Special Issue "Recent Advances in Rumen Microbiome"

A special issue of Veterinary Sciences (ISSN 2306-7381).

Deadline for manuscript submissions: 31 December 2021.

Special Issue Editor

Dr. Mi Zhou
E-Mail Website
Guest Editor
Department of Agricultural, Food and Nutritional Science, University of Alberta, Edmonton, AB T6G 2P5, Canada
Interests: rumen microbiome; gut microbiome; microbial bioinformatics

Special Issue Information

Dear Colleagues,

The importance of rumen microbiome on influencing host animal growth and health has continuously been one of the hot topics in animal research. Thorough understanding of the composition and function of rumen microbiome is essential for elaborating their impacts and association with host phenotypes. In addition, the environmental impact of rumen microbiome also attracts attention, and there is an urgent need to limit the environmental footprint from animal industry. In this Special Issue, we intend to cover the latest findings regarding the rumen microbiome and provide novel knowledge of this research area.  

We invite original research papers with related topics include

  • rumen microbial composition;
  • rumen microbial function;
  • host-microbial interactions;
  • health implications of rumen microbiome;
  • environmental impact of rumen microbiome.

Dr. Mi Zhou
Guest Editor

Manuscript Submission Information

Manuscripts should be submitted online at www.mdpi.com by registering and logging in to this website. Once you are registered, click here to go to the submission form. Manuscripts can be submitted until the deadline. All papers will be peer-reviewed. Accepted papers will be published continuously in the journal (as soon as accepted) and will be listed together on the special issue website. Research articles, review articles as well as short communications are invited. For planned papers, a title and short abstract (about 100 words) can be sent to the Editorial Office for announcement on this website.

Submitted manuscripts should not have been published previously, nor be under consideration for publication elsewhere (except conference proceedings papers). All manuscripts are thoroughly refereed through a single-blind peer-review process. A guide for authors and other relevant information for submission of manuscripts is available on the Instructions for Authors page. Veterinary Sciences is an international peer-reviewed open access monthly journal published by MDPI.

Please visit the Instructions for Authors page before submitting a manuscript. The Article Processing Charge (APC) for publication in this open access journal is 1600 CHF (Swiss Francs). Submitted papers should be well formatted and use good English. Authors may use MDPI's English editing service prior to publication or during author revisions.

Keywords

  • rumen microbiome
  • recent advances
  • amplicon sequencing
  • metagenome
  • metatranscriptome
  • enteric greenhouse gas emissions

Published Papers (1 paper)

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Research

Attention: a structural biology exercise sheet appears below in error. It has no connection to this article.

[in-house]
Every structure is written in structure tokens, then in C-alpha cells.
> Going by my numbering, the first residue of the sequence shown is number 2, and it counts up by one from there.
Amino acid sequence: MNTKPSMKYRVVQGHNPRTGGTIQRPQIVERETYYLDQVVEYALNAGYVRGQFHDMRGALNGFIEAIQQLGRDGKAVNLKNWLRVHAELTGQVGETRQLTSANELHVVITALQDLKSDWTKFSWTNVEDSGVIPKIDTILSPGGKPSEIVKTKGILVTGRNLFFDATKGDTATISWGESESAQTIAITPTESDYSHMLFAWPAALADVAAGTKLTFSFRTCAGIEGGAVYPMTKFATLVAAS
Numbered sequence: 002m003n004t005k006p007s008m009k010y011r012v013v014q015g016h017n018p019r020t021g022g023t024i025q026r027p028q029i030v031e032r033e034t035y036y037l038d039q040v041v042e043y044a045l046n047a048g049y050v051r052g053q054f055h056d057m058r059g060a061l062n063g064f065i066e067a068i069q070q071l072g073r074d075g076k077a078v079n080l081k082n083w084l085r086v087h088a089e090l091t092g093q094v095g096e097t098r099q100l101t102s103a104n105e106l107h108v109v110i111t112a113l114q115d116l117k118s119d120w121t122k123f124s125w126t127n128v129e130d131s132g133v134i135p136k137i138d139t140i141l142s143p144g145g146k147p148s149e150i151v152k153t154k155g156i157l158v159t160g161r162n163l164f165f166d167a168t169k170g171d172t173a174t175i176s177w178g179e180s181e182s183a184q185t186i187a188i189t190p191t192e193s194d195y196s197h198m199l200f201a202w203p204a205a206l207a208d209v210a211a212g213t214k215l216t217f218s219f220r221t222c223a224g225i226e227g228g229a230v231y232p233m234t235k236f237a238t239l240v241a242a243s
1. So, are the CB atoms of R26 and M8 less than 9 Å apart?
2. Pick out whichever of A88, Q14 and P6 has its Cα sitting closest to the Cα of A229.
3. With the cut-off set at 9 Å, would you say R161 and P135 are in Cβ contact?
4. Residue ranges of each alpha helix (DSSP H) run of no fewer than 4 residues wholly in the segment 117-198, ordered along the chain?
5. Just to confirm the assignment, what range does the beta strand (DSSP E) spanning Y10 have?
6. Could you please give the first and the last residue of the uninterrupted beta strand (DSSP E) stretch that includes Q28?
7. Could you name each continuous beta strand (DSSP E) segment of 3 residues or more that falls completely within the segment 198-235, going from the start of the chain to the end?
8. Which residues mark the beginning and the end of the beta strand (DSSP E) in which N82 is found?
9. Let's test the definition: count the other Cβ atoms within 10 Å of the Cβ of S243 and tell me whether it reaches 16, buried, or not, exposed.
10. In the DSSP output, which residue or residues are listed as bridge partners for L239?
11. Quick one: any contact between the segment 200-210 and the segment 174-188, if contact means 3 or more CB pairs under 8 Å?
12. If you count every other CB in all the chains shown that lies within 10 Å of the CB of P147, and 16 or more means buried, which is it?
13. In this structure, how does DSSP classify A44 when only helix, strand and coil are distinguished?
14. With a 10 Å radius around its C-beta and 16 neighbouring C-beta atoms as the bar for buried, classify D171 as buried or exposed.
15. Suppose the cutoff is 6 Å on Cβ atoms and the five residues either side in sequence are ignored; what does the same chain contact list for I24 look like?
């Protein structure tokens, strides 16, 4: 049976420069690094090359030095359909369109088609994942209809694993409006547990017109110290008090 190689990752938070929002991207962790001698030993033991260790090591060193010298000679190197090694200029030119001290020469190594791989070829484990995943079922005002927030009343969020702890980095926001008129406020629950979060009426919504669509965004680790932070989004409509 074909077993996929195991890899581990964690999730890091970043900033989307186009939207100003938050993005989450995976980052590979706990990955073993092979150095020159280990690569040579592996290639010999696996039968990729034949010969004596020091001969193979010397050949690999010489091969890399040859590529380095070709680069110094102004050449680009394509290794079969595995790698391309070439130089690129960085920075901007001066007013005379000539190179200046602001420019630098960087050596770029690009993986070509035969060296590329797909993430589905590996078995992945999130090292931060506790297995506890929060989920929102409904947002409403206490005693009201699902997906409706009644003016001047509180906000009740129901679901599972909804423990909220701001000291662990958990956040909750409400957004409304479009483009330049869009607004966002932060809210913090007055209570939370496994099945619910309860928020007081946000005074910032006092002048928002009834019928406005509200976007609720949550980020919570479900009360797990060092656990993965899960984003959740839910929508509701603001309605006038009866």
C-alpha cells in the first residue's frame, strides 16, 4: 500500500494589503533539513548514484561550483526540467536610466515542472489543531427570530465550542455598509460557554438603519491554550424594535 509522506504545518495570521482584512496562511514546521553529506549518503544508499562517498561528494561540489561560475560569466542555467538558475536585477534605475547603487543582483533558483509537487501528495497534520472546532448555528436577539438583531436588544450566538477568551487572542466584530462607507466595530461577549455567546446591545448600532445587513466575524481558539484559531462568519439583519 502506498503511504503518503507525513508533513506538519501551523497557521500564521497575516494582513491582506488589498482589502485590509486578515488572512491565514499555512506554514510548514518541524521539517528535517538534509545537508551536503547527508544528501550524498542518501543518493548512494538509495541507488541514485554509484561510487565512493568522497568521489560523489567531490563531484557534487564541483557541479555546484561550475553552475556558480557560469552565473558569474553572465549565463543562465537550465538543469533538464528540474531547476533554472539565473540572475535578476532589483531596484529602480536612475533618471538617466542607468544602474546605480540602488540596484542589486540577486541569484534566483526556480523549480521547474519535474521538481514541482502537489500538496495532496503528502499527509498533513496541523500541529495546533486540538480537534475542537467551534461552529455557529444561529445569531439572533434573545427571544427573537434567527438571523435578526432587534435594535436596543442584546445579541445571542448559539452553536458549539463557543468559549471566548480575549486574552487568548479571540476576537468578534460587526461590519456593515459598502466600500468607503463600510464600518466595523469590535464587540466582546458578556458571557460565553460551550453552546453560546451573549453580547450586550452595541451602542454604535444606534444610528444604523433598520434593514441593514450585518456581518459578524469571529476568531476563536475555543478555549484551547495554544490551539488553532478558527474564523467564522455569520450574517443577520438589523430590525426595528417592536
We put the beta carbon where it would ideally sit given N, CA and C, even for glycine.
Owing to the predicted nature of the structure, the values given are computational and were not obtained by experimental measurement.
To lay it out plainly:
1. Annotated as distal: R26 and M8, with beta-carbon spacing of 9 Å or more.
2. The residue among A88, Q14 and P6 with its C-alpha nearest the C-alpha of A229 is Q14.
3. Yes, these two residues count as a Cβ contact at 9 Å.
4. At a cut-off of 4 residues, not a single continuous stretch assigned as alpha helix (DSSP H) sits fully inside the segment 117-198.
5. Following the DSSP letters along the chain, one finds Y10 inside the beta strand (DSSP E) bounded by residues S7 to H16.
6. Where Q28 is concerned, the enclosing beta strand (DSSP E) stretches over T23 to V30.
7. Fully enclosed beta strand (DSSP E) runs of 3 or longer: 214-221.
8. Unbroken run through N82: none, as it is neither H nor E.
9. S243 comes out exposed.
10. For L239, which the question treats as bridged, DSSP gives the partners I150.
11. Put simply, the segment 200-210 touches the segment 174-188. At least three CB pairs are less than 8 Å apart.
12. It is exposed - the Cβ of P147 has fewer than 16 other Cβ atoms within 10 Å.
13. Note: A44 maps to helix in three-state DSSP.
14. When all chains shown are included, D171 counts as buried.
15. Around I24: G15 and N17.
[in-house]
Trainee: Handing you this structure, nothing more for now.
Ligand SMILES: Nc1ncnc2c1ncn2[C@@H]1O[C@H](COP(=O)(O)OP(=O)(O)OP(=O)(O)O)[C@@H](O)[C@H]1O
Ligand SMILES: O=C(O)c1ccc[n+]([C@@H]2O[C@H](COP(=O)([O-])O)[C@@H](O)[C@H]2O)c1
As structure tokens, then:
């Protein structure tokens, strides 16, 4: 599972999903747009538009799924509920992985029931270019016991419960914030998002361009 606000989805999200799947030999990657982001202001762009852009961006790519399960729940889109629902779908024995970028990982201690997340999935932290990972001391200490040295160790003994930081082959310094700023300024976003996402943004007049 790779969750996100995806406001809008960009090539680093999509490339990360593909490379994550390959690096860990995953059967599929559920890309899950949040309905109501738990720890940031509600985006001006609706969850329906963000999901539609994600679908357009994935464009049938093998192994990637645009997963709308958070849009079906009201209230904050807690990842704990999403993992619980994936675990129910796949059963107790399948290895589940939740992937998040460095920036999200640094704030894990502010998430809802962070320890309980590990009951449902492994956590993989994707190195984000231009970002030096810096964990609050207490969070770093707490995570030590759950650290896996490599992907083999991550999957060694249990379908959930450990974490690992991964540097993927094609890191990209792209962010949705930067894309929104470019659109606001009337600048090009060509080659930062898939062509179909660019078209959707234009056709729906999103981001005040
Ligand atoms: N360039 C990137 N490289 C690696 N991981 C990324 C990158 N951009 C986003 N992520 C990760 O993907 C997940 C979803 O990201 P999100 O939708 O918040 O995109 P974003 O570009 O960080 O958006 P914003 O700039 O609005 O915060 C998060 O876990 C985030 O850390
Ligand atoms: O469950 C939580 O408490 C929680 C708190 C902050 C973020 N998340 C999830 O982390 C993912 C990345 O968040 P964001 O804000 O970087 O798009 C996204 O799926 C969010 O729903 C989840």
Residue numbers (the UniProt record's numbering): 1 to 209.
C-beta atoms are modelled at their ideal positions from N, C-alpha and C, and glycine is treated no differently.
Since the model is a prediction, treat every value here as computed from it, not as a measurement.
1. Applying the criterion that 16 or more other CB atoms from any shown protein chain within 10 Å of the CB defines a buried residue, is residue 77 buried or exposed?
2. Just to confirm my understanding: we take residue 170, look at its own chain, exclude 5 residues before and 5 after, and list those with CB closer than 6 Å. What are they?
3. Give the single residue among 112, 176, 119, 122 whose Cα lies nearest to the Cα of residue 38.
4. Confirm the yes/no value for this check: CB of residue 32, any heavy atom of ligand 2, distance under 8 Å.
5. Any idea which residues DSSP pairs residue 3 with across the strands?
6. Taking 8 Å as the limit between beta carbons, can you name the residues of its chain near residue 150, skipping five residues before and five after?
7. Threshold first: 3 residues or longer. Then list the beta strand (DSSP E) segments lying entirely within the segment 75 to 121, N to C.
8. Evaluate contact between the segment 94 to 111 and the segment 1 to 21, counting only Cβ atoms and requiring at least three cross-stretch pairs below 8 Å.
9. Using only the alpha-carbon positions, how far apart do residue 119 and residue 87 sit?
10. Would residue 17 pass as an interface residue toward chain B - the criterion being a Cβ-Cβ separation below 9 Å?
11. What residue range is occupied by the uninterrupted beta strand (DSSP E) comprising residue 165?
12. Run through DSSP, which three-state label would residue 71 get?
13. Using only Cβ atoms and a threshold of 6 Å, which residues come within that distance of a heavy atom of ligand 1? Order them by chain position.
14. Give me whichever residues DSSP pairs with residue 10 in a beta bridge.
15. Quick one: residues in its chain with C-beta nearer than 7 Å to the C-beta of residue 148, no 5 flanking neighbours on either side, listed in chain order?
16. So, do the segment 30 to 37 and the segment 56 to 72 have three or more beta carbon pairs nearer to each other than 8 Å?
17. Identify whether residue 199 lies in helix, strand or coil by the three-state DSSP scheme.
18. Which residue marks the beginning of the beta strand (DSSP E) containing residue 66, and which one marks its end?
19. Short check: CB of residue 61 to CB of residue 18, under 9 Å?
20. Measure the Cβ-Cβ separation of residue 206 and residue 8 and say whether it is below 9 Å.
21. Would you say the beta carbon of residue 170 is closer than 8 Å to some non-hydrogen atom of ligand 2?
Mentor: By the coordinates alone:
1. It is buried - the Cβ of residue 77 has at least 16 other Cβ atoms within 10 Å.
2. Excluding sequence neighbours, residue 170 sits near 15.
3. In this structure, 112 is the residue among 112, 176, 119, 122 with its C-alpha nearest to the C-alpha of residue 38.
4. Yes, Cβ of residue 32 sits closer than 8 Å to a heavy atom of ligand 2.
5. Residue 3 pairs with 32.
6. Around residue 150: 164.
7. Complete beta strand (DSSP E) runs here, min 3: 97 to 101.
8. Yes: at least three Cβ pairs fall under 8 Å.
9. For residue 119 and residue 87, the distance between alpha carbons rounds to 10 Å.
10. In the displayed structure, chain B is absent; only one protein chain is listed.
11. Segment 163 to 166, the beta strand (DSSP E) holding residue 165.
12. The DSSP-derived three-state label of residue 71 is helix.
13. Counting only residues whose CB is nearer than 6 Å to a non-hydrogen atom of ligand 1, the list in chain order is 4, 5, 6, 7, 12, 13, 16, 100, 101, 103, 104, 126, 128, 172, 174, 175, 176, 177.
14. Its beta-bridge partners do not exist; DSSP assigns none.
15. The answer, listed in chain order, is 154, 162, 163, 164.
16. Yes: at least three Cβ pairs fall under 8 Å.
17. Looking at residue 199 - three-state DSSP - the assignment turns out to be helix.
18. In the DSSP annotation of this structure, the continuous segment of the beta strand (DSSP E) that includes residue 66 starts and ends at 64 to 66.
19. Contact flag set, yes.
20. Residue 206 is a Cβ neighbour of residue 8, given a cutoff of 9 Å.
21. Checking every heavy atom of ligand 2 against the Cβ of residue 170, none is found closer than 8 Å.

Article
Accessing Dietary Effects on the Rumen Microbiome: Different Sequencing Methods Tell Different Stories
Vet. Sci. 2021, 8(7), 138; https://0-doi-org.brum.beds.ac.uk/10.3390/vetsci8070138 - 19 Jul 2021
Viewed by 1450
Abstract
The current study employed both amplicon and shotgun sequencing to examine and compare the rumen microbiome in Angus bulls fed with either a backgrounding diet (BCK) or finishing diet (HG), to assess if both methods produce comparable results. Rumen digesta samples from 16 [...] Read more.
The current study employed both amplicon and shotgun sequencing to examine and compare the rumen microbiome in Angus bulls fed with either a backgrounding diet (BCK) or finishing diet (HG), to assess if both methods produce comparable results. Rumen digesta samples from 16 bulls were subjected for microbial profiling. Distinctive microbial profiles were revealed by the two methods, indicating that choice of sequencing approach may be a critical facet in studies of the rumen microbiome. Shotgun-sequencing identified the presence of 303 bacterial genera and 171 archaeal species, several of which exhibited differential abundance. Amplicon-sequencing identified 48 bacterial genera, 4 archaeal species, and 9 protozoal species. Among them, 20 bacterial genera and 5 protozoal species were differentially abundant between the two diets. Overall, amplicon-sequencing showed a more drastic diet-derived effect on the ruminal microbial profile compared to shotgun-sequencing. While both methods detected dietary differences at various taxonomic levels, few consistent patterns were evident. Opposite results were seen for the phyla Firmicutes and Bacteroidetes, and the genus Selenomonas. This study showcases the importance of sequencing platform choice and suggests a need for integrative methods that allow robust comparisons of microbial data drawn from various omic approaches, allowing for comprehensive comparisons across studies. Full article
(This article belongs to the Special Issue Recent Advances in Rumen Microbiome)
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